Sweden

For such an advanced country, finding access to the internet in Sweden can be a right pain in the arse. This is the first opportunity in over a week I've had to update this ongoing collection of ramblings and ravings. Even here, in Stockholm, where we've been since Sunday night, there appears to be a genuine lack of places once can get access to a machine which will allow connection with the outside world.
However bad for internet access Stockholm is however, the countryside is even worse. Presumably the elk and reindeer have no particular need for such modern technologies. Sure why would they want to connect with the outside world?

For the last week we'd been in the ironically-named Värmland, near Råda to be precise, where we spent the time either enjoying the over-generous hospitality of Paul and Anna in their little cottage, camping in their garden, hiding from badgers; or canoeing in the rain through lake after lake, camping overnight on our own island in the middle of nowhere, hiding from the downpours being sent by the apparently angry Norse gods.

For some reason everytime I step in a canoe the heavens open up, and this time was no different, as it pissed on us for almost the duration of our six-hour rowing trip. I suppose I should have expected it, and at least brought a change of clothes.

It's on these trips however, that one appreciates the little luxuries in life. I did bring spare socks, allowing me to discover the sheer luxury of putting on dry socks in the morning, followed by the sheer misery of putting them into wet shoes immediately afterwards.

If it wasn't rain it was mosquitos. Apparently the local ones like a bit of variety in their diet, and they were happy to have non-Swedish-victims for a change. The little fuckers are incessant, biting even through clothes, and causing me to slap myself in the face on more than a few occasions.
And Jenny had wanted to go canoeing/camping for four days! Still, we made the most of our circumstances. It was nice to have a whole island to ourselves, even if we were too wet and exhausted to enjoy it. Breakfast was the highlight, sitting on a rock, wrapped in a sleeping bag while waiting for clothes to dry. The sun at this stage had seen our plight, and graciously attempted to assist us, rays dancing through the branches to assure us there was another world beside Wet.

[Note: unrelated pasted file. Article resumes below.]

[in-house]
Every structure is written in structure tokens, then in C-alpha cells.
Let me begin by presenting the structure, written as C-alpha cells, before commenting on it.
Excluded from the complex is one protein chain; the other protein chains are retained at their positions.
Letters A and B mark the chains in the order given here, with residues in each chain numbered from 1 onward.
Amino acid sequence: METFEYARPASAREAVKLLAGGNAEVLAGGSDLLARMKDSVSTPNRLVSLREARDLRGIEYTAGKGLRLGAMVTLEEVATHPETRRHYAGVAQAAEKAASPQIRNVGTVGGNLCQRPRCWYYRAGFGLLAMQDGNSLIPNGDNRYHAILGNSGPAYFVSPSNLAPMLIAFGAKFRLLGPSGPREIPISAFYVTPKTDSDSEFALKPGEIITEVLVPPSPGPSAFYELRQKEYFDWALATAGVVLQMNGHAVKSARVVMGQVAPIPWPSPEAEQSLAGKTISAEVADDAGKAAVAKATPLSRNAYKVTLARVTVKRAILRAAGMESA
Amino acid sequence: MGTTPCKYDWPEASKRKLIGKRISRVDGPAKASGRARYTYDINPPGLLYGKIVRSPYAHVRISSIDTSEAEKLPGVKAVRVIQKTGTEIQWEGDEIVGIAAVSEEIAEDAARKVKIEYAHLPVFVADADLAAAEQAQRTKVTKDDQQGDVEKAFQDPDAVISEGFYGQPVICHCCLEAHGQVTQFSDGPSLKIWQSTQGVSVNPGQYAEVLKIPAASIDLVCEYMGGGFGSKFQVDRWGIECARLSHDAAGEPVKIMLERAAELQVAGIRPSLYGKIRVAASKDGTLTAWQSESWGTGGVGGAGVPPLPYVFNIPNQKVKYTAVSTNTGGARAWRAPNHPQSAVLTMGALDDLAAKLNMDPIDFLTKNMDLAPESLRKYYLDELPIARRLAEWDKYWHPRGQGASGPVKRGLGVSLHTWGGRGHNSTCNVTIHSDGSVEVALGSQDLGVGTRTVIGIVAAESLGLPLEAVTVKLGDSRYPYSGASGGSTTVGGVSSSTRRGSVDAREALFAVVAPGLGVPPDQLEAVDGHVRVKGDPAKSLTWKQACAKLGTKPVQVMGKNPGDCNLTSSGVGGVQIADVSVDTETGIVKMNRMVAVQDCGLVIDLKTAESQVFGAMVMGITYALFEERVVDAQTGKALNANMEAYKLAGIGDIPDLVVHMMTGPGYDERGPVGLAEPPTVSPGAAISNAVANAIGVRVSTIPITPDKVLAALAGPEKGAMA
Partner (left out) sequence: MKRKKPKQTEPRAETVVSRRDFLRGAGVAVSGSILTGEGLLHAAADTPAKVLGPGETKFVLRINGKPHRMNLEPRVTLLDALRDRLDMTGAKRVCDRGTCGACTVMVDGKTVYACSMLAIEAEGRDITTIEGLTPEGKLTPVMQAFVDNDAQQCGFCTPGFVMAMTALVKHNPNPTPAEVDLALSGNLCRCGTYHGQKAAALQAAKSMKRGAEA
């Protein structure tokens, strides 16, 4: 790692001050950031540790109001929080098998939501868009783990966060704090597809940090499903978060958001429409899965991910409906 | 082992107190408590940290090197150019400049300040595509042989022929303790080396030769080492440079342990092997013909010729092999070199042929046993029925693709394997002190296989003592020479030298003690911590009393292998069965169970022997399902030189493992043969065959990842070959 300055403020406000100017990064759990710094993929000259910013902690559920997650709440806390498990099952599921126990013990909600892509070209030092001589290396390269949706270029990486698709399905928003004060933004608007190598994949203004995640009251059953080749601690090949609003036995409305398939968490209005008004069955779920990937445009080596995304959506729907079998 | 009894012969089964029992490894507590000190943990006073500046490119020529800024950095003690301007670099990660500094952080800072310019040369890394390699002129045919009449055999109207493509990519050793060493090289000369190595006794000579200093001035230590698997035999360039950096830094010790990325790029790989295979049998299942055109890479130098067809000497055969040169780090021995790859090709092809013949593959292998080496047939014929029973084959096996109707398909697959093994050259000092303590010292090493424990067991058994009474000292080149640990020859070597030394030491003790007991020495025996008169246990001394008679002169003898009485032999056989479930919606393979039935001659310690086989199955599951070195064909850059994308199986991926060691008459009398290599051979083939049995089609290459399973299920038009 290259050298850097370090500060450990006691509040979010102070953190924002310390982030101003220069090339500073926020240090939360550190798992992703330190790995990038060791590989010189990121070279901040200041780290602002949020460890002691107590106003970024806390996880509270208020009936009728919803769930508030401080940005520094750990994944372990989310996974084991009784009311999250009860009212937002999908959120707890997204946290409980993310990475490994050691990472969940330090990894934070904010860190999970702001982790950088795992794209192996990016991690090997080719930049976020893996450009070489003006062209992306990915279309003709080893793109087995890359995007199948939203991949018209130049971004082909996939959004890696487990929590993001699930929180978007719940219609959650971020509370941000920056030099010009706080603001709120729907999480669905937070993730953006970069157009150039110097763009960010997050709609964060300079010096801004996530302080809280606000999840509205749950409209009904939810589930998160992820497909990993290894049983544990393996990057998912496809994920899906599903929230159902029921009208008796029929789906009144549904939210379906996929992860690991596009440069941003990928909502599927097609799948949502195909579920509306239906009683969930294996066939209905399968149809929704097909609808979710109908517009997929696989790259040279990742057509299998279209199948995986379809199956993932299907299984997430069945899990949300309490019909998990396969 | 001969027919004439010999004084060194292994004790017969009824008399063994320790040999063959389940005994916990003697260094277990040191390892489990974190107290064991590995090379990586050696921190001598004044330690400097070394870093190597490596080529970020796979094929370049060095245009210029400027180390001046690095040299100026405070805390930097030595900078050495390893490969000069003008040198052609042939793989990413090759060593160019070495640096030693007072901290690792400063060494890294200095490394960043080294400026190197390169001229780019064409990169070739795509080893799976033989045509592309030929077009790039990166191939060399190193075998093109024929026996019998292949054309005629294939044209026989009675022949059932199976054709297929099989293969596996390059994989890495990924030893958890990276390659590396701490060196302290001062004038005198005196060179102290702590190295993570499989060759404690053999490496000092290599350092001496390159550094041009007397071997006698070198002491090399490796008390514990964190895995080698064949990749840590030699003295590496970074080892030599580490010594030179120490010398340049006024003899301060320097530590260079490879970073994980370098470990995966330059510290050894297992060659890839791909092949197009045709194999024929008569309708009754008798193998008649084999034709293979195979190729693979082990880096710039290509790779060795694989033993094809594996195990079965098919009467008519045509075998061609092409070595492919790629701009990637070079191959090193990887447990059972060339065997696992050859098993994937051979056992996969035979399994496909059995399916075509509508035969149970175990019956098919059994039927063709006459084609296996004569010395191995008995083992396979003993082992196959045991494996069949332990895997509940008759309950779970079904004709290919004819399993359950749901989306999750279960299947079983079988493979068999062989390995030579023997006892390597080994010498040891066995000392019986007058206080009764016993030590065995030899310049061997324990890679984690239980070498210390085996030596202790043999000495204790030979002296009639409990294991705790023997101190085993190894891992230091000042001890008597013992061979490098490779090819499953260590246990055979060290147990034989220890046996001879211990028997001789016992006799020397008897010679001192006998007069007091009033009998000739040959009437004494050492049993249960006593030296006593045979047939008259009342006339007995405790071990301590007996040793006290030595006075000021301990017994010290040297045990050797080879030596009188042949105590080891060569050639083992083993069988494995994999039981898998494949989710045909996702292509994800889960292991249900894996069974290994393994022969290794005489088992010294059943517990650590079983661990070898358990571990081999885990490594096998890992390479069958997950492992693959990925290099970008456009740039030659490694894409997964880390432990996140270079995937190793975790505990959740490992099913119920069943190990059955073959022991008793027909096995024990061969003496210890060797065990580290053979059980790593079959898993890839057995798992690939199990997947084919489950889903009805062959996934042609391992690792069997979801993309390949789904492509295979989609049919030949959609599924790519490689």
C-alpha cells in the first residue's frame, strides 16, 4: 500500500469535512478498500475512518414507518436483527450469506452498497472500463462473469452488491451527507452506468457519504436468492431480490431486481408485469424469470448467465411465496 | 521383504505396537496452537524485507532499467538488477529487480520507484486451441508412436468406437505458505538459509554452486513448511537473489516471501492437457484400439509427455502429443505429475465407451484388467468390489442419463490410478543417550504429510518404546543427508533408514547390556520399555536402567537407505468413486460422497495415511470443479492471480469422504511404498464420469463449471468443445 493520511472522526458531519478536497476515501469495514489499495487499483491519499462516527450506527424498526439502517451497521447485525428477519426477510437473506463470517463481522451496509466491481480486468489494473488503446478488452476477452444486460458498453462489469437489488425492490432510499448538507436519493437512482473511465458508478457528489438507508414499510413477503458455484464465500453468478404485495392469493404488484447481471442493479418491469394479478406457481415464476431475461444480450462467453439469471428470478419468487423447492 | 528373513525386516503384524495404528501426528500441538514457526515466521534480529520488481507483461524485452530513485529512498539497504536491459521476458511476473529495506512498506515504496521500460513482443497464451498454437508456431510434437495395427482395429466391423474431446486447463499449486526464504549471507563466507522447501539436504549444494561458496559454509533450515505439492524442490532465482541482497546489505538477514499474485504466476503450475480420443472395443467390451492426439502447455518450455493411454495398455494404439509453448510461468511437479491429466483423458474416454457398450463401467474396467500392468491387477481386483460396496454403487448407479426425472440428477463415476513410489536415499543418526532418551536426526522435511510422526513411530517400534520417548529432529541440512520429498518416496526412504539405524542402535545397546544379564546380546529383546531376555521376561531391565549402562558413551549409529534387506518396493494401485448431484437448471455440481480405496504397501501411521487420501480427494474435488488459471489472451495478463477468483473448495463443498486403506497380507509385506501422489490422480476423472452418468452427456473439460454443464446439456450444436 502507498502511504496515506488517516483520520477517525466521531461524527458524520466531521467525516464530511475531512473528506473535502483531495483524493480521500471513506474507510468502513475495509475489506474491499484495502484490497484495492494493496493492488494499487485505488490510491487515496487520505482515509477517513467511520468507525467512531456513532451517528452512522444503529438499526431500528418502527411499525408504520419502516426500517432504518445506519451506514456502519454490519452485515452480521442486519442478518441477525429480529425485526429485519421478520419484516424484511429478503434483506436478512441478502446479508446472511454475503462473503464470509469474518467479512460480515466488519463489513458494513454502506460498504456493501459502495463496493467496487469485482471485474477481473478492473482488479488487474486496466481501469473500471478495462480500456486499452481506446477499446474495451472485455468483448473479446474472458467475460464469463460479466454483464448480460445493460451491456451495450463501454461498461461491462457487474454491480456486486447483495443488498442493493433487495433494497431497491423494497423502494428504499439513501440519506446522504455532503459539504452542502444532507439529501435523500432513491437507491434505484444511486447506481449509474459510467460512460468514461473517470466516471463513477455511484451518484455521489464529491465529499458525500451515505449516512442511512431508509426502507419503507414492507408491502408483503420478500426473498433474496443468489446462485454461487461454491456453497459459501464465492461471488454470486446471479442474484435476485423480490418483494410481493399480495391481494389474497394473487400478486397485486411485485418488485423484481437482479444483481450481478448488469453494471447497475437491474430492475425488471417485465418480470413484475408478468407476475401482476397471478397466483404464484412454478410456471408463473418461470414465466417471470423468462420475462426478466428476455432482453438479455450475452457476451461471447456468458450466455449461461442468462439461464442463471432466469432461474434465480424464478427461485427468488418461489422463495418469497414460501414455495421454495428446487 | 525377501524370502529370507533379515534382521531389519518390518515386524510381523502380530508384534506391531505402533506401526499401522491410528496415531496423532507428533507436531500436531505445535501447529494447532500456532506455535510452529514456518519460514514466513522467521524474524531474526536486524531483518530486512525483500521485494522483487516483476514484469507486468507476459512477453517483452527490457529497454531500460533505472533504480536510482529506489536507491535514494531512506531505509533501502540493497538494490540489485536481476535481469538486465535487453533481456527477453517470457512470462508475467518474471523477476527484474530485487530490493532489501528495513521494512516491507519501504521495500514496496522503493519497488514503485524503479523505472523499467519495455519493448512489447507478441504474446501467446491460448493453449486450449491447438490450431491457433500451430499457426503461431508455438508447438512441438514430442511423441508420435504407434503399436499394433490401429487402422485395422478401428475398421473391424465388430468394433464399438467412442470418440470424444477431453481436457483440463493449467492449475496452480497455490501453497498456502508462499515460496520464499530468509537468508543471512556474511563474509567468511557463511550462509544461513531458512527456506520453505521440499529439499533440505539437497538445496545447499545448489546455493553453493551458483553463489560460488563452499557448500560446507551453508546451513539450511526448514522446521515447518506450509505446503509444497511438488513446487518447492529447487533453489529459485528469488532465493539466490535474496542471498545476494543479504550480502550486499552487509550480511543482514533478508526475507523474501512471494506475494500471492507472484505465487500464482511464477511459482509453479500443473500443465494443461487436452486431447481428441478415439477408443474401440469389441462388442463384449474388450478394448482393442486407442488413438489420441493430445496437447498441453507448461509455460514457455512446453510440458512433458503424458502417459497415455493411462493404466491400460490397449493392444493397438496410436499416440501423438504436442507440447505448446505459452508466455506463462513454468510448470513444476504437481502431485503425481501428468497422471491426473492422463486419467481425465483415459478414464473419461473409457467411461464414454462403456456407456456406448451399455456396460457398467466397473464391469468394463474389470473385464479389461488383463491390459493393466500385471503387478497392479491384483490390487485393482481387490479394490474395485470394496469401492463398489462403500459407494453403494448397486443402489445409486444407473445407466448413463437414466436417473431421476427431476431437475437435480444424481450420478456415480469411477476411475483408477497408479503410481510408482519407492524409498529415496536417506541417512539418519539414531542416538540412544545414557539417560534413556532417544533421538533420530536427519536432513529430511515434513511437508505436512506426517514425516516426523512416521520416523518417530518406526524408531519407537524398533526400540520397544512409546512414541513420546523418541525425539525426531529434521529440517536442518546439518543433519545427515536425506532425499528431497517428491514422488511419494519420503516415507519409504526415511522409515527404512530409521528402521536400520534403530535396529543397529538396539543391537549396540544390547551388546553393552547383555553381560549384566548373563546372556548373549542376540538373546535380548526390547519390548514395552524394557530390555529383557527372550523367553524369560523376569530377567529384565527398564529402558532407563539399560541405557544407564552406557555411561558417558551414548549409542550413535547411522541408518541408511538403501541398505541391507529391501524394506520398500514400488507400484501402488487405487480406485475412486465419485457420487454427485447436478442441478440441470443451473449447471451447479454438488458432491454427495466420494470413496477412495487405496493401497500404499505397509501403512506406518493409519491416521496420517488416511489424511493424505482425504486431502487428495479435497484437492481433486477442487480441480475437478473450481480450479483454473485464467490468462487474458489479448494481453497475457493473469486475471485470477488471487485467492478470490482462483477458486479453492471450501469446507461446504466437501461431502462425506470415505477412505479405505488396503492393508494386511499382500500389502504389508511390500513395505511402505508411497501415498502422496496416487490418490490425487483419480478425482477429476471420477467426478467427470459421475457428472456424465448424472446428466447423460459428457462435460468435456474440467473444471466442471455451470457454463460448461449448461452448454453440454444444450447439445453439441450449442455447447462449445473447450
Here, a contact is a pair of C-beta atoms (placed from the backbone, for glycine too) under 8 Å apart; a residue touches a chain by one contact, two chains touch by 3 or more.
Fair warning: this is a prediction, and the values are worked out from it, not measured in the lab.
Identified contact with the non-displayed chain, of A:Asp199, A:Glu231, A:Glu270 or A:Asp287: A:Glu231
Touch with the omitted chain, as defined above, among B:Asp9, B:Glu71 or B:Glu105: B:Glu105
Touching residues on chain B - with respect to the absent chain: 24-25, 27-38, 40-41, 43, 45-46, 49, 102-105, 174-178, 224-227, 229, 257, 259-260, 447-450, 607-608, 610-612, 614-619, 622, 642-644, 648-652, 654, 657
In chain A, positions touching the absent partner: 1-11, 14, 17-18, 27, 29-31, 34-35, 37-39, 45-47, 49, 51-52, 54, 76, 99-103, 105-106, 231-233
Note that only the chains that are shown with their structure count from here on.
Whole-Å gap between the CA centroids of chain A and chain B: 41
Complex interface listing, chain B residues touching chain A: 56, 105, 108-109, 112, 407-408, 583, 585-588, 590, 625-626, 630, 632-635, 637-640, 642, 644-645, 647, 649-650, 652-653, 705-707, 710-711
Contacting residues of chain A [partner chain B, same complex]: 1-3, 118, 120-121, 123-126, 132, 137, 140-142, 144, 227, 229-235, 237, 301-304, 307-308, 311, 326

Again, we could have planned it better. Apart from dry clothes, we didn't bring matches or anything to light a fire, nor enough food, nor stuff to eat it with. We did bring muesli and yoghurt, but no bowl or spoon. Never mind, Jenny ripped off the top of the yoghurt carton, threw the muesli in, and managed to eat it with a type of spoon which I had fashioned from a twig. Mad what living in the wild just a few hours can do to people.

Then there was the trip back, which probably would have been quicker if we managed to canoe in a straight line. We zig-zagged the whole way home. It was only after we brought the canoe back that your man told us I should have been steering the damned thing,

Of course, when we got back to civilisation, I found we had brought the bowl and spoon after all. Stuffed down the back of the rucksack. It was probably the first instance I noticed where late wasn't better than never.

The Swedish countryside is great for walks though. You can just eat all around you, Wherever you go there are blueberries, wild strawberries and other delights just waiting to be plucked and gulped down. I felt like Homer in Chocolateland just eating everything in sight.
I did have high hopes of catching sight of an elk. Apparently they are quite shy though. Not one did I see. Perhaps like Wildschwein they don't exist at all, they're just a gimmick invented by the Swedish Tourist Board in the same way leprechauns were invented for gullible Americans.
Now that we're in Stockholm, it feels like another world away. Hot showers, food, dry clothes: such luxury. I guess we can forgive the lack of internet access.

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